With the several incentives and goodies proposed by the Prime Minister to benefit the people, we believe that it will eventually lead to an increase in average disposable household income for Malaysian. In fact, since the extension of BR1M in 2018 is likely to provide financial aids to the B40 segment while the reduction in personal income tax rate is likely to benefit the M40 group, these two proposals are likely to benefit a broader base on people. As such, the consumer confidence level, as represented by MIER consumer sentiment index (see figure 1) is likely to trend higher by the end of 2017 and the overall consumer sector might have a positive spill-over effects, although it will be tough to identify which specific sub-sector within the consumer industry will be the biggest beneficiary.
|Figure 2: MIER Consumer Sentiment Index
Apart from the Consumer sector, the Banking sector would also be one of the beneficiaries due to the improving household spending power. The positive impetus on the consumer spending might further drive the recovering loan demand (YTD +3.6%) for several purposes especially for the big-ticket items (see figure 3), which will allow banks to garner more interest income further down the road.
|Figure 3: Loan applied growth (YoY, %)
Unsurprisingly, according to CIMB research, government allocated RM 210 billion for infrastructure & housing projects in Budget 2018, which is significantly higher than the RM 99 billion in budget 2017. However, majority of the projects mentioned are not the new one such as, East Coast Rail Link, KL-Singapore High Speed Rail and so on. As such, this would mean that we might not be able to see a strong catalyst to the construction sector as most these positive impacts might have factored into the shares’ prices given the strong rally in the construction sector thus far.
Nevertheless, there were several surprises such as building 14 sports complex in the country, building new hospital, the RM2.7 billion allocation for water infrastructure, upgrading of international airports (Penang, Langkawi and Kota Baru) and so on. Although these surprises are not considered as mega infrastructure projects, it reaffirmed the government’s commitment and emphasis on projects that are able to drive our country economic growth. As such, there is still a mildly positive effect to the construction players.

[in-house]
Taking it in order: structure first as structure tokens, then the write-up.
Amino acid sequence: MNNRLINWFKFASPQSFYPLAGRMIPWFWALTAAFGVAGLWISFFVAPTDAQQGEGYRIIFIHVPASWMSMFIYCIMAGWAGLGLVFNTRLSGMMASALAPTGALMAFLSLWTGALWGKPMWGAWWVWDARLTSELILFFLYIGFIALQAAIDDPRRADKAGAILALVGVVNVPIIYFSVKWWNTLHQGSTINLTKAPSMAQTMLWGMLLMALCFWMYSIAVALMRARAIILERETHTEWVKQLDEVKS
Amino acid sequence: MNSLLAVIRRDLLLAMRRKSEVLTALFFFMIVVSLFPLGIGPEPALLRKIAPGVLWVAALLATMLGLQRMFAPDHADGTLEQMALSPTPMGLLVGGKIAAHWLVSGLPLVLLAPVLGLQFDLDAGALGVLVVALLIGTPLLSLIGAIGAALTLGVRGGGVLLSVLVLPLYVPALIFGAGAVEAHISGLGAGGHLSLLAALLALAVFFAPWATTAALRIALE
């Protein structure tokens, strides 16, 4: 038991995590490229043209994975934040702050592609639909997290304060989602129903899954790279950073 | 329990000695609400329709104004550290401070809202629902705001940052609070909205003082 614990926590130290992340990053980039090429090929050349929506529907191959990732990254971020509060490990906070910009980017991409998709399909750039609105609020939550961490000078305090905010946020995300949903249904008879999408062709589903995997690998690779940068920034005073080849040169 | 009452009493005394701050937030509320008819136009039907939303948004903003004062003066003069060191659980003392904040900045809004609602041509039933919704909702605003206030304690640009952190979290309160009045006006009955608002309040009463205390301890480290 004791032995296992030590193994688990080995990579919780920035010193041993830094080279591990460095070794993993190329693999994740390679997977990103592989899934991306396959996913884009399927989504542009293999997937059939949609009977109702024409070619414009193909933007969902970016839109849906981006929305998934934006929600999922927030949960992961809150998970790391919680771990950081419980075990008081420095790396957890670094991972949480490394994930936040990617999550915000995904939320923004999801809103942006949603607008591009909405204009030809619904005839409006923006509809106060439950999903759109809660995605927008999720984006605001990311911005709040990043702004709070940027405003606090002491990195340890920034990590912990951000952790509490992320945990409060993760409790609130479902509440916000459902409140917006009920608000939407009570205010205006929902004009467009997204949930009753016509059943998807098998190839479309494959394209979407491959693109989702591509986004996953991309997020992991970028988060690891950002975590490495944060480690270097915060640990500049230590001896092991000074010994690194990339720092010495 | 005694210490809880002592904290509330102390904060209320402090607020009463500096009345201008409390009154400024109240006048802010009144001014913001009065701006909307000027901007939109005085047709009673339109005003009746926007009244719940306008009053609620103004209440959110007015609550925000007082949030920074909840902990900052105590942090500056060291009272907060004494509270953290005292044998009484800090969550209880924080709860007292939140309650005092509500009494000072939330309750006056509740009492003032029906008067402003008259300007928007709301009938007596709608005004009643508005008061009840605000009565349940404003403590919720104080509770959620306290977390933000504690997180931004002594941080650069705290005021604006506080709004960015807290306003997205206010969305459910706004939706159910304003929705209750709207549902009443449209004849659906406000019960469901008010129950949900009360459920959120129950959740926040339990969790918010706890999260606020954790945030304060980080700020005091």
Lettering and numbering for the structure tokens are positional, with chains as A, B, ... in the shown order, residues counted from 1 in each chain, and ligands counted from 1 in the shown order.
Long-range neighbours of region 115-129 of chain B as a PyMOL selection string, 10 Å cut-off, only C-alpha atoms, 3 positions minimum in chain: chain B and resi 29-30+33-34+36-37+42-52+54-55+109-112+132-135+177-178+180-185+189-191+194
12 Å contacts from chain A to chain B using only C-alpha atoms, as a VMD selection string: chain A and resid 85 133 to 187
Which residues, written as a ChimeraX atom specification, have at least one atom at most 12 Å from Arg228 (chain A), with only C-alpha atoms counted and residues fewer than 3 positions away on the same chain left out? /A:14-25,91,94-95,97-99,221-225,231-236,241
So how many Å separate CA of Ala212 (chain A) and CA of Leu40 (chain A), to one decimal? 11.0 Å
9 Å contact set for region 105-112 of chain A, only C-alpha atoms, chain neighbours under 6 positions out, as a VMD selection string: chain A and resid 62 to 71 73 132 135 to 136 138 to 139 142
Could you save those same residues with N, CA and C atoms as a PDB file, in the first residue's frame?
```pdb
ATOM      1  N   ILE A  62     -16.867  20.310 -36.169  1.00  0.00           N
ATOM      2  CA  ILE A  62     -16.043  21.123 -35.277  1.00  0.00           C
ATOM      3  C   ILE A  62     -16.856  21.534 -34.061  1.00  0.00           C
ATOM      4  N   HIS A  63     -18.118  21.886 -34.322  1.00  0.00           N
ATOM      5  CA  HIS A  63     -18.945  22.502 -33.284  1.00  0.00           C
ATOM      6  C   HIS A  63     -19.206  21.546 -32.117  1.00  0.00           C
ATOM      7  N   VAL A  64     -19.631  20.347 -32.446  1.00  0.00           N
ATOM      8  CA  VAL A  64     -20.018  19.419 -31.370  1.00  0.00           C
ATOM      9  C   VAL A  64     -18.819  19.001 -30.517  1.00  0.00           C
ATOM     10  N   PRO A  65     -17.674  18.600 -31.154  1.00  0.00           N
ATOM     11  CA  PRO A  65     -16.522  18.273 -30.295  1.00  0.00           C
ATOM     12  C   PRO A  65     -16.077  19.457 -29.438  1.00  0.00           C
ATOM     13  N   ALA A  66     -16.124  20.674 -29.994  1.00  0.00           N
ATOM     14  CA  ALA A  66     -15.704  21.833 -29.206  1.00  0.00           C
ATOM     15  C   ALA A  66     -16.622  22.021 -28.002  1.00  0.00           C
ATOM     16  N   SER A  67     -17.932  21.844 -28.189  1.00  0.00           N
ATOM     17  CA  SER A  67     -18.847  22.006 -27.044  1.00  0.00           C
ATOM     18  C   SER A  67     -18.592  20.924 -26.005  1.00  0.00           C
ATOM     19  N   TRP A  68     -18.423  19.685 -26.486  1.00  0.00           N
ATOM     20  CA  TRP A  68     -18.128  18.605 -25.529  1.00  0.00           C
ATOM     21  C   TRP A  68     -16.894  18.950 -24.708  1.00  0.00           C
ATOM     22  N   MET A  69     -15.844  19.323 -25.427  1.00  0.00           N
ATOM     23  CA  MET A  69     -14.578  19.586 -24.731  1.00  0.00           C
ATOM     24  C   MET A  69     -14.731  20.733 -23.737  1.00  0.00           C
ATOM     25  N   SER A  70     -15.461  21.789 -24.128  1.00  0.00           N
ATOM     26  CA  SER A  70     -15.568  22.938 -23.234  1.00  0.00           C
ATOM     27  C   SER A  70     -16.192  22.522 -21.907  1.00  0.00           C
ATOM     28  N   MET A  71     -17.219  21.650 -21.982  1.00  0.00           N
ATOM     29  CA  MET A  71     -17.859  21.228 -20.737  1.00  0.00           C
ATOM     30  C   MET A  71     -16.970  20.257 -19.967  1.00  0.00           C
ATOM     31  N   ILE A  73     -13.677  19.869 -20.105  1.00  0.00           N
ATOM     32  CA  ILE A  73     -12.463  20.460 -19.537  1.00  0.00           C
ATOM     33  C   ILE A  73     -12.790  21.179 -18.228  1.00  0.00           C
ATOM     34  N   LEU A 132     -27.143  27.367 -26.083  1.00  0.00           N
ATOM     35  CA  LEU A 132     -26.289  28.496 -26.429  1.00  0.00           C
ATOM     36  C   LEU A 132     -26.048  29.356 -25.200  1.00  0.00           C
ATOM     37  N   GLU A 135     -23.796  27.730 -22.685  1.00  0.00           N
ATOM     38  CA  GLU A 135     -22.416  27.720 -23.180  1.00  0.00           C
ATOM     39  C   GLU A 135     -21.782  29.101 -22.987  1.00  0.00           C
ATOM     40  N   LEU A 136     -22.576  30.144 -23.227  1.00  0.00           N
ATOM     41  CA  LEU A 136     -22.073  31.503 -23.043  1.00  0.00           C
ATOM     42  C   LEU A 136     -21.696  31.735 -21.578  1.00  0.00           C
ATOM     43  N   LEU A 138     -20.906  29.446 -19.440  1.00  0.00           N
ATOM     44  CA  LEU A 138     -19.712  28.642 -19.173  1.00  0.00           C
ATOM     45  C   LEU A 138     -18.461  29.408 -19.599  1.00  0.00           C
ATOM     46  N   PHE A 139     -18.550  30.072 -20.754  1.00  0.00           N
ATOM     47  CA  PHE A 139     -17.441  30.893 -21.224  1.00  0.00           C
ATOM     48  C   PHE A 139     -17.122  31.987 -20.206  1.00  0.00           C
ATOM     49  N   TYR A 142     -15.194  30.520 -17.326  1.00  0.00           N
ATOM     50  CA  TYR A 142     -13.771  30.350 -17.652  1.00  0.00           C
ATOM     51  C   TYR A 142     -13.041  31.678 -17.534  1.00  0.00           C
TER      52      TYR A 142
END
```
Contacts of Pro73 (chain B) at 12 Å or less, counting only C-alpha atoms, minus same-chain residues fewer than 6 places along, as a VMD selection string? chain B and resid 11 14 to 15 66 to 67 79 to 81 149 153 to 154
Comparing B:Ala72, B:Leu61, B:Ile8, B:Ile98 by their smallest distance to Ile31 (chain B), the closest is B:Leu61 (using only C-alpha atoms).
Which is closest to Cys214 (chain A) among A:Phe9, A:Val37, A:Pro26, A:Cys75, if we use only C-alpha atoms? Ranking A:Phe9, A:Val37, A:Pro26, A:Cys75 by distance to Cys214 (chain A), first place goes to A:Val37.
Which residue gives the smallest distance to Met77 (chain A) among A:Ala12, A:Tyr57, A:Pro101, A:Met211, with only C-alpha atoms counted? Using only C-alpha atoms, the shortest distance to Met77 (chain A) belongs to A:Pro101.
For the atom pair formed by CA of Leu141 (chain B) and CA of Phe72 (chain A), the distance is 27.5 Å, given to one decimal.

Tourism and Healthcare
Apart from the few sectors mentioned above, we believe that tourism sector also poises to benefit from the budget 2018 given the several budget incentives, such as the expansion of E-visa scheme, extension of income tax exemption for tour operating companies, RM 2b of allocation to tourism SME fund and the RM 1b of fund to Tourism Infrastructure Development Fund in the form of soft loan. On top pf that, our government also targets to welcome 28m tourists in 2018 compared to the 26.8m in 2016 (see figure 4) as Malaysia will launch the “Visit Malaysia Year 2020” campaign to encourage tourist arrivals. Historically, we have seen spikes in tourist arrivals and receipts to Malaysia during “Visit Malaysia Year”. As such, sectors such as Tourism, Aviation and the Entertainment and Hotel Operators are likely be the direct beneficiaries given the several measures and the launch of Visit Malaysia Year 2020.
|Figure 4: Tourist arrivals and receipts to Malaysia
All in all, since there is not much surprise from the Budget 2018, with the main focus on maintaining fiscal discipline, addressing current socio-economic issues (such as the equality, increasing cost of living, and affordable housing), we do not foresee a material impact on the local equity market. However, we think that the economic activity is likely to continue its momentum moving into 2018, underpinned by encouraging domestic consumption given the several incentives proposed by the Prime Minister in Budget 2018.
Given the Consumer Product industry turned out to be the biggest beneficiaries in Budget 2018, investors can look at KAF Tactical Fund or PMB Shariah Aggressive Fund which have exposures into consumer product industry of about 18% and 20% of the total portfolio allocation respectively. However, given both the funds are associated with higher risk, investors should keep their exposure in the fund with not more than 10% allocation of their overall portfolios.